If you ware working in tech support you keep hearing questions very often.
One of these questions is "How do I find my IP address". The IP, or Internet Protocol, address is assigned to devices in a computer network for identification and addressing purposes.
The current version of the Internet Protocol, IPv4, knows public and private addresses.
Public IP addresses are unique while private ones do not need to be. The main reason for this is to conserve public IPs as IPv4 reaches exhaustion.
The easiest option to look up the private IP address on PCs running the Microsoft Windows operating system is to press Win-R, type cmd and hit enter.
This opens a command line prompt. Entering the command ipconfig will display the private IP address of every network adapter of the computer.
The public IP address is usually assigned to the computer by an Internet Service Provider (ISP). They can be divided into static and dynamic IPs with dynamic IPs assigned to home owners usually.
Some services, Virtual Private Network connections for instance, add another IP address to the mix. If done correctly, this is the IP address that Internet servers your computer or device connects to see.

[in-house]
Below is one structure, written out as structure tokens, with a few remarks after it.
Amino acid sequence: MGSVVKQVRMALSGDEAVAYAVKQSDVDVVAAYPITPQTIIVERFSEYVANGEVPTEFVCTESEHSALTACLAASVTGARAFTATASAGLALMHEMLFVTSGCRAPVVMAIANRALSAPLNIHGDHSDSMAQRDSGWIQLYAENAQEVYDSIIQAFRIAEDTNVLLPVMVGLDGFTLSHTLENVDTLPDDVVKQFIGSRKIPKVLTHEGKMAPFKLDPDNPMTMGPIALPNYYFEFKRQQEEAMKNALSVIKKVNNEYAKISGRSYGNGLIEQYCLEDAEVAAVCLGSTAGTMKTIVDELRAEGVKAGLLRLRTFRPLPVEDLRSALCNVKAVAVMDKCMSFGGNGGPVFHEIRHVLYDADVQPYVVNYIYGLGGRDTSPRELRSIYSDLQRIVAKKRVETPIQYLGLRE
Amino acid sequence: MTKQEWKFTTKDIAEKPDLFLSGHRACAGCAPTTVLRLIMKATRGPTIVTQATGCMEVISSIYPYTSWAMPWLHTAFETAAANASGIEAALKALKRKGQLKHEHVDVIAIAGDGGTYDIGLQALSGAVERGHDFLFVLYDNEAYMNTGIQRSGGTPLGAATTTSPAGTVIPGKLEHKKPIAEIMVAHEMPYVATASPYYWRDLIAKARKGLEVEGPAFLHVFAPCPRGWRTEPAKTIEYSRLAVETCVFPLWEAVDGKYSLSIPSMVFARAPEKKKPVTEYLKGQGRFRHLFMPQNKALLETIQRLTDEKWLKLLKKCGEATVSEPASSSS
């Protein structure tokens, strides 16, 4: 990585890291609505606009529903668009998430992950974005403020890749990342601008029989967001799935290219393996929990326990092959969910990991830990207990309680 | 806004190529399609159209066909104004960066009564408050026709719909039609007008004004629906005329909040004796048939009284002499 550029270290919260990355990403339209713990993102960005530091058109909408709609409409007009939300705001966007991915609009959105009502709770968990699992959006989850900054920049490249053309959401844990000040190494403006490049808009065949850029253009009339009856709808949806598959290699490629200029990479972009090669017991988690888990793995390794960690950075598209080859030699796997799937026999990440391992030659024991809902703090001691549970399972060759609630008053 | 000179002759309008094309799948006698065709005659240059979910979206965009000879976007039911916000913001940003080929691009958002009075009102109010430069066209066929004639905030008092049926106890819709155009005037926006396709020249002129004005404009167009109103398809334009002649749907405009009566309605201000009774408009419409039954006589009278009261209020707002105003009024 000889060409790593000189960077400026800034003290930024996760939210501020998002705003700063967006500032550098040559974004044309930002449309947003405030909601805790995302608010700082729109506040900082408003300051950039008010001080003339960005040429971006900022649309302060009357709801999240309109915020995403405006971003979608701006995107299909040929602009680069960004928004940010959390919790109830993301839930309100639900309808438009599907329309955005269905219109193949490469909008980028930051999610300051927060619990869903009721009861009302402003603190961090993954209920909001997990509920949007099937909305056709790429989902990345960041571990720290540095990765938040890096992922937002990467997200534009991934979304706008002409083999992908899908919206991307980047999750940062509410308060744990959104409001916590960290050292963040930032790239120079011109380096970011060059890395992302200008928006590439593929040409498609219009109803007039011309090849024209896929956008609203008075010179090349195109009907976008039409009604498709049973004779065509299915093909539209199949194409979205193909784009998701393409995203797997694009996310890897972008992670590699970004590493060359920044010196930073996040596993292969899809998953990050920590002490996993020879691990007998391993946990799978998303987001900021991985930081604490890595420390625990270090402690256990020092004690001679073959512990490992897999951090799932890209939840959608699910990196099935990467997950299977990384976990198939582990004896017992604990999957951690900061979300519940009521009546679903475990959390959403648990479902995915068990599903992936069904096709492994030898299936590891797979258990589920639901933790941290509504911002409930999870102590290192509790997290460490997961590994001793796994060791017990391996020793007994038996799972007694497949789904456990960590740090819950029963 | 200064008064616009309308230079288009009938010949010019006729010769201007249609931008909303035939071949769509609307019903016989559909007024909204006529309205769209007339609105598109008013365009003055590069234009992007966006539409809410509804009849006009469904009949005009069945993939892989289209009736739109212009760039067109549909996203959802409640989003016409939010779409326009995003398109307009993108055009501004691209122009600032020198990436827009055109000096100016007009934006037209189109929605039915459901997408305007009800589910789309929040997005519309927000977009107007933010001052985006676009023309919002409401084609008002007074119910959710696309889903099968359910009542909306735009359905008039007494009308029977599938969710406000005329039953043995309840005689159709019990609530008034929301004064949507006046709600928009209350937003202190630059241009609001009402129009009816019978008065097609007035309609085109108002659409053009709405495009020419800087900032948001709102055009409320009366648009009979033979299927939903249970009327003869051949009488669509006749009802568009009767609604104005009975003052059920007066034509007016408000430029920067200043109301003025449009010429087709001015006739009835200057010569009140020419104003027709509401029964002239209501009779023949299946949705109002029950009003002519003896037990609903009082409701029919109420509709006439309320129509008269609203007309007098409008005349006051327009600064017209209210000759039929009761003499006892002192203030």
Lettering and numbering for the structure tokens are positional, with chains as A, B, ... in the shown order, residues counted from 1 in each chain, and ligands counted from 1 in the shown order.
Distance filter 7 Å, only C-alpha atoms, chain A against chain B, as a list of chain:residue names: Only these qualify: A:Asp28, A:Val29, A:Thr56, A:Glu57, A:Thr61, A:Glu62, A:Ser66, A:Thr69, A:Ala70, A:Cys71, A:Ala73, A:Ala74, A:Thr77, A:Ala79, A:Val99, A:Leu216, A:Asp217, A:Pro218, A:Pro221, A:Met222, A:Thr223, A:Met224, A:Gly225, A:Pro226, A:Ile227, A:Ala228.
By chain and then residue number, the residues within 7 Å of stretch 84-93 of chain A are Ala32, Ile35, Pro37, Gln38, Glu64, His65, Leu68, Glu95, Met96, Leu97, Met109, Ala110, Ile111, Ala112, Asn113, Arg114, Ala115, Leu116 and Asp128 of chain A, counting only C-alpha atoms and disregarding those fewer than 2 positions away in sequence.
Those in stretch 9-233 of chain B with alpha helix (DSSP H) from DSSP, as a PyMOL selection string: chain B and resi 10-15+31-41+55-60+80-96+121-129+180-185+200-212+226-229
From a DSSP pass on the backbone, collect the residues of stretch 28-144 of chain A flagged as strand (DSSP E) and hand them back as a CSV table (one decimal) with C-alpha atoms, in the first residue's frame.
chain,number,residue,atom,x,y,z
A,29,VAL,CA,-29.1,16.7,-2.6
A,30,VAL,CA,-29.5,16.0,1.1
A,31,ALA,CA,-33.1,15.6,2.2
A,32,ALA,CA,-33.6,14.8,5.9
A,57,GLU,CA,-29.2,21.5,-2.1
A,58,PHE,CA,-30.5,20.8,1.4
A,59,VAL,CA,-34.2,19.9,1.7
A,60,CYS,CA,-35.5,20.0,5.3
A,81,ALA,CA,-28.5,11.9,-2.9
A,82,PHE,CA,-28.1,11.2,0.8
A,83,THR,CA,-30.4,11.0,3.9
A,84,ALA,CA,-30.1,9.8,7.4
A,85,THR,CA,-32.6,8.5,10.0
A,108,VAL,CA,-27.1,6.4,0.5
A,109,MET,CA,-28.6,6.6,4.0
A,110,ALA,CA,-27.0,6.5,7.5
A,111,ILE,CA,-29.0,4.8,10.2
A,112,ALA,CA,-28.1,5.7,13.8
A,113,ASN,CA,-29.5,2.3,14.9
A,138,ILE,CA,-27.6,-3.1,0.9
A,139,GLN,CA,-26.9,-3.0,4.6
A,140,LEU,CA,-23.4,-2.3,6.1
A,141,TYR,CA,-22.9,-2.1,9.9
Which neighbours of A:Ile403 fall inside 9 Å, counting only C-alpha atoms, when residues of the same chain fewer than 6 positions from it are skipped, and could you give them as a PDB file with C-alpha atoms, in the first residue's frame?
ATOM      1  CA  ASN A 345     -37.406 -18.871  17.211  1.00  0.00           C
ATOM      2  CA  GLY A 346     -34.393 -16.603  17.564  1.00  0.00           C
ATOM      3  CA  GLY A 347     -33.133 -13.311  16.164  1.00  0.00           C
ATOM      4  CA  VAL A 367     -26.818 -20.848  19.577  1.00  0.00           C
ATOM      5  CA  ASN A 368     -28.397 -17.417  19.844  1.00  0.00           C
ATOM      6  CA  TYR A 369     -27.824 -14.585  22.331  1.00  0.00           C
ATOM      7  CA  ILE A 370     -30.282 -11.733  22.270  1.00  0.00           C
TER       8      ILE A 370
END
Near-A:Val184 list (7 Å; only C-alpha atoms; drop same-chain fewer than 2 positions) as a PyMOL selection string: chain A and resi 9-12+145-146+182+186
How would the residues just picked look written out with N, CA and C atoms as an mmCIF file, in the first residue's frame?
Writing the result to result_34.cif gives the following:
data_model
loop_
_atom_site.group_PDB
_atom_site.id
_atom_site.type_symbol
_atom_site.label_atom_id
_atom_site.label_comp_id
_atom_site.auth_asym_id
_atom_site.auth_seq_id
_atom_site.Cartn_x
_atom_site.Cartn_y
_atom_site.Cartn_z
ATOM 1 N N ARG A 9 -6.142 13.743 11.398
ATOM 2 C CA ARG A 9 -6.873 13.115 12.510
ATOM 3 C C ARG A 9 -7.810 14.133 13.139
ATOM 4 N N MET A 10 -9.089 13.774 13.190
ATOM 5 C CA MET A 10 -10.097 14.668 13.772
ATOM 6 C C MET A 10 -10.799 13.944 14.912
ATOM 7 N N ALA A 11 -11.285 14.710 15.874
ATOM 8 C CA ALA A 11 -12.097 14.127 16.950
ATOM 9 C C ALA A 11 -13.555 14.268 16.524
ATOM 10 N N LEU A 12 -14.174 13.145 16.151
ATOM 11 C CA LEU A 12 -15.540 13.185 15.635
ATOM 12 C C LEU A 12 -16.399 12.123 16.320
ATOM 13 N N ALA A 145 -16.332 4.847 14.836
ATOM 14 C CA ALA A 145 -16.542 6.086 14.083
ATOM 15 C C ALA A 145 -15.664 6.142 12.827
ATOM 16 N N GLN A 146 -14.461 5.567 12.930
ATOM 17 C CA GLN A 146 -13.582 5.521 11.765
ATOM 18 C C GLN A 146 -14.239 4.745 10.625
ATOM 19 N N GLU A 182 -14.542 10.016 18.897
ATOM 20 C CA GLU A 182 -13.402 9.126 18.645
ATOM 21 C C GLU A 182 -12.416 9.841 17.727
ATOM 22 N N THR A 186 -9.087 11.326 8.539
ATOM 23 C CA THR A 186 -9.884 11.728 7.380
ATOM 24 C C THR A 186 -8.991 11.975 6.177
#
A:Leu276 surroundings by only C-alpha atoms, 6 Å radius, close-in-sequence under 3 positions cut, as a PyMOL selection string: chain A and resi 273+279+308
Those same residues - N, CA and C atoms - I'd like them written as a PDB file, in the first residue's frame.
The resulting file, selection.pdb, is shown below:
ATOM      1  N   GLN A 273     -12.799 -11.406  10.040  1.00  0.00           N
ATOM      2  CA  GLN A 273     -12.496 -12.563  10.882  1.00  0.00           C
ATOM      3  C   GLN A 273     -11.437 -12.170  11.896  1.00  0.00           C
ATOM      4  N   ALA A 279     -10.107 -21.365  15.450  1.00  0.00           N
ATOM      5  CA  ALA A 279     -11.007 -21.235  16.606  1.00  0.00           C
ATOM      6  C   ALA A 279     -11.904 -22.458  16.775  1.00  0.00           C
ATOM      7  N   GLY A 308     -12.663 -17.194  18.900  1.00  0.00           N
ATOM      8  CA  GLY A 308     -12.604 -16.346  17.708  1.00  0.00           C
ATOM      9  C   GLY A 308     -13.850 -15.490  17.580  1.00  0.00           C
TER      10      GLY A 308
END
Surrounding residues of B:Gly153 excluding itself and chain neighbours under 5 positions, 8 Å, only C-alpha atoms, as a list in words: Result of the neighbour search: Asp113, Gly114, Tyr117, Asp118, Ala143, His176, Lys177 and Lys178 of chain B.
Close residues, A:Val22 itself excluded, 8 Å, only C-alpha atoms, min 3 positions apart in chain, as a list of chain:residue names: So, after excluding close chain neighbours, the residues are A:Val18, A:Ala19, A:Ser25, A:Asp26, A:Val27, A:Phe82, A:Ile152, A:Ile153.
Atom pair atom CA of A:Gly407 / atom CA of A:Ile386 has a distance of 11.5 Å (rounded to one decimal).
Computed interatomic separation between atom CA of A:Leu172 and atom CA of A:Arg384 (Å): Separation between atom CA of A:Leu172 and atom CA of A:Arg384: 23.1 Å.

The easiest way to lookup the public IP address is to use a script on a website that displays it. You can for instance point your web browser to http://ghacks.net/ip/ to look it up.
Computer users without a router, e.g. those on a dialup connection, can run a command to find out their public IP address much like they can find out their private IP.
They need to open the command line again on Windows (press Win-R, type cmd and hit enter). The command netstat -n will display the active connections. The IP address is shown in the left column of the output.
Users with a router can find out the public IP address by loading the router's administration interface. Most routers display the public IP address in that interface.
Do you have another tip to display the public or private IP address easily? Let us know in the comments.
Advertising revenue is falling fast across the Internet, and independently-run sites like Ghacks are hit hardest by it. The advertising model in its current form is coming to an end, and we have to find other ways to continue operating this site.
We are committed to keeping our content free and independent, which means no paywalls, no sponsored posts, no annoying ad formats (video ads) or subscription fees.
If you like our content, and would like to help, please consider making a contribution:
Ghacks is a technology news blog that was founded in 2005 by Martin Brinkmann. It has since then become one of the most popular tech news sites on the Internet with five authors and regular contributions from freelance writers.